[Editor’s Note: We Out Here Magazine is proud to premiere this new project from young Portland MC, Karess. Big ups to Keegan Baurer for penning this impressive and in-depth album review. Oh yeah, don’t play this album for your kids. #OutHere #THG]
All too often in hip-hop is lyricism sacrificed for the sake of a song’s catchiness, and vice versa; repetitive radio singles with little substance are equally as common (and obnoxious) as the unnecessarily dense syllables of those “rappin’ ass rappers.” However, Portland emcee Karess’ latest project, titled Smoov Ass Gorilla, showcases the rapper’s penchant for penning potent lyricism while still creating decidedly “smoov” records.
Karess kicks off the project with SHR, an ode to the wordsmith’s favorite hobbies of smoking, hooping, and rapping. This opening track reinforces the old adage that it isn’t what you say but how you say it, as he waxes, “Listen pimpin’, I be getting lifted/ And how I do these n*ggas on the court be a sick description.” The project boasts several other thematically-similar tracks (such as G-Code, Classic, and Knott Street), but Karess’ unique word choice and smooth delivery ensure that each record sounds fresh and avoids redundancy.
However, the content of Smoov Ass Gorilla extends far beyond quintessential brag-raps. In tracks such as 24-7 and GameTime, Karess delves into the struggles of the grind, rapping “Homie think that I’m a square but a least/ One thing you can share about me/ is I take care of my seed.” The second half of the project includes Real Life Shit and Cry Baby Ass Song, both of which discuss heartbreak, baby-mamas, and child-support; these records provide the listener with a more well-rounded and vulnerable understanding of the Rose City spitter.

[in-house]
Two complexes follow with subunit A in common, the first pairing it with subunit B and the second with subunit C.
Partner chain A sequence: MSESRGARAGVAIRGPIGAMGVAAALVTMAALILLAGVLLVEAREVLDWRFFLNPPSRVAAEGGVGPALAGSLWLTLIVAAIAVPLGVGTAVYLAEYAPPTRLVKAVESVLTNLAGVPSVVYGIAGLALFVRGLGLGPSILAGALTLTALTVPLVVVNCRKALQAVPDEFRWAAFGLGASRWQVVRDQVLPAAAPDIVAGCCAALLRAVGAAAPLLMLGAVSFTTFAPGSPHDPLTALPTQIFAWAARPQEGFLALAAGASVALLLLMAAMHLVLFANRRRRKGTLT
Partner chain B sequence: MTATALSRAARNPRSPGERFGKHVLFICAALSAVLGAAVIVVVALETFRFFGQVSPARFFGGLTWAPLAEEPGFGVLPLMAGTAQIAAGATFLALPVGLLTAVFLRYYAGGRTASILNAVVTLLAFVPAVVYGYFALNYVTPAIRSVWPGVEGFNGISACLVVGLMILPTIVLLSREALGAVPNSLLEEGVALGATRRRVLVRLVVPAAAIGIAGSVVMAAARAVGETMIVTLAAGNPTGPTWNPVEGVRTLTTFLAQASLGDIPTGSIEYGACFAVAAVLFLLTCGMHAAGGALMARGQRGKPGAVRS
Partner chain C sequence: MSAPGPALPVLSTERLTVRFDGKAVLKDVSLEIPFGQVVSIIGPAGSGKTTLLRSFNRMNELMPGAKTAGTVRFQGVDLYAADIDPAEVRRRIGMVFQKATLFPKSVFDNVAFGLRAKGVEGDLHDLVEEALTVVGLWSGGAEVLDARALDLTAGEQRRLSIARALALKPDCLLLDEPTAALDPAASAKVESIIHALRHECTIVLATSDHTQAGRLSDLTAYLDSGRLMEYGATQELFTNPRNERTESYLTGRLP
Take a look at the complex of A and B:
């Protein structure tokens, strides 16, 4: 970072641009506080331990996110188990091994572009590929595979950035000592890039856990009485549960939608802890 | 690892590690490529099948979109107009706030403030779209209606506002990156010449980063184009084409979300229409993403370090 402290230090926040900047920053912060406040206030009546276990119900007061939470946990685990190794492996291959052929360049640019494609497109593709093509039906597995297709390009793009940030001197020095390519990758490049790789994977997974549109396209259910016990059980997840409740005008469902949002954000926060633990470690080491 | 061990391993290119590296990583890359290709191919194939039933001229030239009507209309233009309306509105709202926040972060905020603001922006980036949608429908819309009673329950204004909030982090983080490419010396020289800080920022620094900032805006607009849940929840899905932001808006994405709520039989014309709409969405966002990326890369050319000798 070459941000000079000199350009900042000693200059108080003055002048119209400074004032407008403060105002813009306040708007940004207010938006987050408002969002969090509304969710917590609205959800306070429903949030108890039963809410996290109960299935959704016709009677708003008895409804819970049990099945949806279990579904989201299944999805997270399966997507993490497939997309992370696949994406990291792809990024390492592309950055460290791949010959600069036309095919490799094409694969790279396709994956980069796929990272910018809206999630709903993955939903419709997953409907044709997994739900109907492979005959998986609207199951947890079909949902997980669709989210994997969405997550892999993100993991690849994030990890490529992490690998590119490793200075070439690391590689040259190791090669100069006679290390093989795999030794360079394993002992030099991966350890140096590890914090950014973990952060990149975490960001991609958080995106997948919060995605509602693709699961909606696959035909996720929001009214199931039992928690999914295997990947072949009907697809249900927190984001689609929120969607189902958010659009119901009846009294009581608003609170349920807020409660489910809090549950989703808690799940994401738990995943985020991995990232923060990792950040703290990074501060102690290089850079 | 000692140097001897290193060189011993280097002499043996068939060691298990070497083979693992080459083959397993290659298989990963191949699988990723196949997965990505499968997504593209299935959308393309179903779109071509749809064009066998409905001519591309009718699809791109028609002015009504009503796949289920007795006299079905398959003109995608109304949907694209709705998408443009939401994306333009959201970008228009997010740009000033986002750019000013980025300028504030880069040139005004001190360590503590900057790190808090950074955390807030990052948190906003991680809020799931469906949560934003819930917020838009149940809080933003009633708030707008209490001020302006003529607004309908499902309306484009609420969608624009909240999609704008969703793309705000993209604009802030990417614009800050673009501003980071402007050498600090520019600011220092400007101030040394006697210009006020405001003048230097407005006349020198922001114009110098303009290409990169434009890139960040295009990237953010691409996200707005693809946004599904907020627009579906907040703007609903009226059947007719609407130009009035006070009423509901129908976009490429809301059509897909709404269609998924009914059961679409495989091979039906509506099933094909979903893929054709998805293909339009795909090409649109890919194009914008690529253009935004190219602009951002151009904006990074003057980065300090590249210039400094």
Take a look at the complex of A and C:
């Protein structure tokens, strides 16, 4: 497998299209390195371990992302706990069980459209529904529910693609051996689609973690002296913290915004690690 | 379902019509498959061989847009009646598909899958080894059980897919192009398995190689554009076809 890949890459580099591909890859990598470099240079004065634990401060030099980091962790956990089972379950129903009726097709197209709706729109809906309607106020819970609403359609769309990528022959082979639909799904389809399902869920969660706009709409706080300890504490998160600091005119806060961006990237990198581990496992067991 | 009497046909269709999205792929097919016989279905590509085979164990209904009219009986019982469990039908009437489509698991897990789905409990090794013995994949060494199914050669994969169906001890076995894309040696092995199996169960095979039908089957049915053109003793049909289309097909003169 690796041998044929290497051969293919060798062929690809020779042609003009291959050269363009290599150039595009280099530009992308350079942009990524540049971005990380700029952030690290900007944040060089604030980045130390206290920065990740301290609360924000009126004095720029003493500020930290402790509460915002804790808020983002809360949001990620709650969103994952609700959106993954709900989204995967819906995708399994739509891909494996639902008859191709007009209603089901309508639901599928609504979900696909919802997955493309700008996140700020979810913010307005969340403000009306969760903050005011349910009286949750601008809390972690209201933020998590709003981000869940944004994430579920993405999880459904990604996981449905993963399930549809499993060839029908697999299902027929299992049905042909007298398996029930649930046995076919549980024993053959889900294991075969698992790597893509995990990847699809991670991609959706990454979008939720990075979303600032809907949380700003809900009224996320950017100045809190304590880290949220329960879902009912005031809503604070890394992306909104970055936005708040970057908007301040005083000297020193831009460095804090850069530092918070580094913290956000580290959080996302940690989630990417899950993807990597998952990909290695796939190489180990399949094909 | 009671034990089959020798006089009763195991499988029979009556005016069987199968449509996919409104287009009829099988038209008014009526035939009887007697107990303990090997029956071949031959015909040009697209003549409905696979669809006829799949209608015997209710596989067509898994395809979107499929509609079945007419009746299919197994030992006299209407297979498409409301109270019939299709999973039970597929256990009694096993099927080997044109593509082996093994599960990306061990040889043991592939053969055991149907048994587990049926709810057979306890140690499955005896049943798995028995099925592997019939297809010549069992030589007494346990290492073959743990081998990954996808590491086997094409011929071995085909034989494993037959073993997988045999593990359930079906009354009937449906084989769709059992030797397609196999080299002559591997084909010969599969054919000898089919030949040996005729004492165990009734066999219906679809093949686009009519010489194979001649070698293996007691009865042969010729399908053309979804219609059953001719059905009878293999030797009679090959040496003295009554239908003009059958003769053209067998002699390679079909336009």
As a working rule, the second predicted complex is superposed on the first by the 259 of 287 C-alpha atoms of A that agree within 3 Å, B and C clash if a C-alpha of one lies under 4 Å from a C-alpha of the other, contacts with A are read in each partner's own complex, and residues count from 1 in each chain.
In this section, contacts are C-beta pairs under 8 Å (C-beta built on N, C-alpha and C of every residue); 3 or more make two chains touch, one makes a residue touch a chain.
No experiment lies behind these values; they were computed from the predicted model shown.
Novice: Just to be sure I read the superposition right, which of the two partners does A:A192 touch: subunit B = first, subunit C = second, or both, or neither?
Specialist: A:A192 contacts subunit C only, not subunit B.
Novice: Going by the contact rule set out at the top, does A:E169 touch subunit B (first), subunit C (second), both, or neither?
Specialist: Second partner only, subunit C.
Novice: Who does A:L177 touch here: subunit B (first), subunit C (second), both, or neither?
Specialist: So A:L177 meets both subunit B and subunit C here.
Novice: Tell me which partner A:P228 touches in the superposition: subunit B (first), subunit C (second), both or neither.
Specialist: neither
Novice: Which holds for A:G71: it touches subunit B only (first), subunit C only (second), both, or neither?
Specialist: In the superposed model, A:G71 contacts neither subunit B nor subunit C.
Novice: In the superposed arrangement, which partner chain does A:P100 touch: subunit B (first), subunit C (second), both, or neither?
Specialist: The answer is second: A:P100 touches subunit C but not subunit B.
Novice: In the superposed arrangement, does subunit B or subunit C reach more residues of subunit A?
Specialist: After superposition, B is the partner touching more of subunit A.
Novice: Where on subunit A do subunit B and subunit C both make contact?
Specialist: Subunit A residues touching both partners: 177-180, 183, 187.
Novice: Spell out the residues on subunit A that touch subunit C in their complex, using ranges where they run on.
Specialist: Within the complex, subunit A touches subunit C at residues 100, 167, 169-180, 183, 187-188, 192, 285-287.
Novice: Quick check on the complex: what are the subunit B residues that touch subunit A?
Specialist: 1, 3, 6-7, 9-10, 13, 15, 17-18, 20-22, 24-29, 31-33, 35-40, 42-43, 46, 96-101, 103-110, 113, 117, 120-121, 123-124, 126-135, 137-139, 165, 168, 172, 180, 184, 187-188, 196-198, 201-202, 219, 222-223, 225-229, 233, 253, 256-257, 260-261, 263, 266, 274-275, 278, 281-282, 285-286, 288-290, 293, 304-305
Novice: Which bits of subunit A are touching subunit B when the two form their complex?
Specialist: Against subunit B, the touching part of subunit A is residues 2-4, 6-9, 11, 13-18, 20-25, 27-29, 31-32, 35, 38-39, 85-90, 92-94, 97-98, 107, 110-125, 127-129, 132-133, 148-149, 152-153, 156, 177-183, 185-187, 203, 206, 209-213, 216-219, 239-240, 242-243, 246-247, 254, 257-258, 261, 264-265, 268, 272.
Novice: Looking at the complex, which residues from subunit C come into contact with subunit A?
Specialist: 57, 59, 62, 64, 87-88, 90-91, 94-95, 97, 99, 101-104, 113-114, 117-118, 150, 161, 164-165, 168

Smoov Ass Gorilla is balanced out with a handful of feature verses from fellow Portland emcees. For instance, the record Swear features a scorching sixteen from Keegan Baurer, while Anael Jeannis contributes an impressive verse for the project’s closing track, 2 Kings. The ringleader of Karess’ crew Tree House Gang, Mike Bars, delivers stellar appearances on both 24-7 and GameTime. The latter tracks also feature scratches from DJ Hoppa (of Hopsin, Funk Volume, and Broken Complex fame). Overall, the guest appearances on Smoov Ass Gorilla augment the project’s value rather than distracting the listener from Karess’ presence.
Upon first hearing Smoov Ass Gorilla, the casual listener might assume they had stumbled upon an unreleased East Coast project from the nineties. But while it’s become hip to be a “retro rapper,” Karess comes across as the real deal rather than merely capitalizing on a trend. Without a doubt, Karess’ effective blend of dope raps, effective feature placements and polished delivery illustrate the emcee’s status as a force to be reckoned with in the Northwest and beyond.
Download “Smoov Ass Gorilla” on Datpiff: http://www.datpiff.com/Karess-Smoov-Ass-Gorilla-SAG-mixtape.615967.html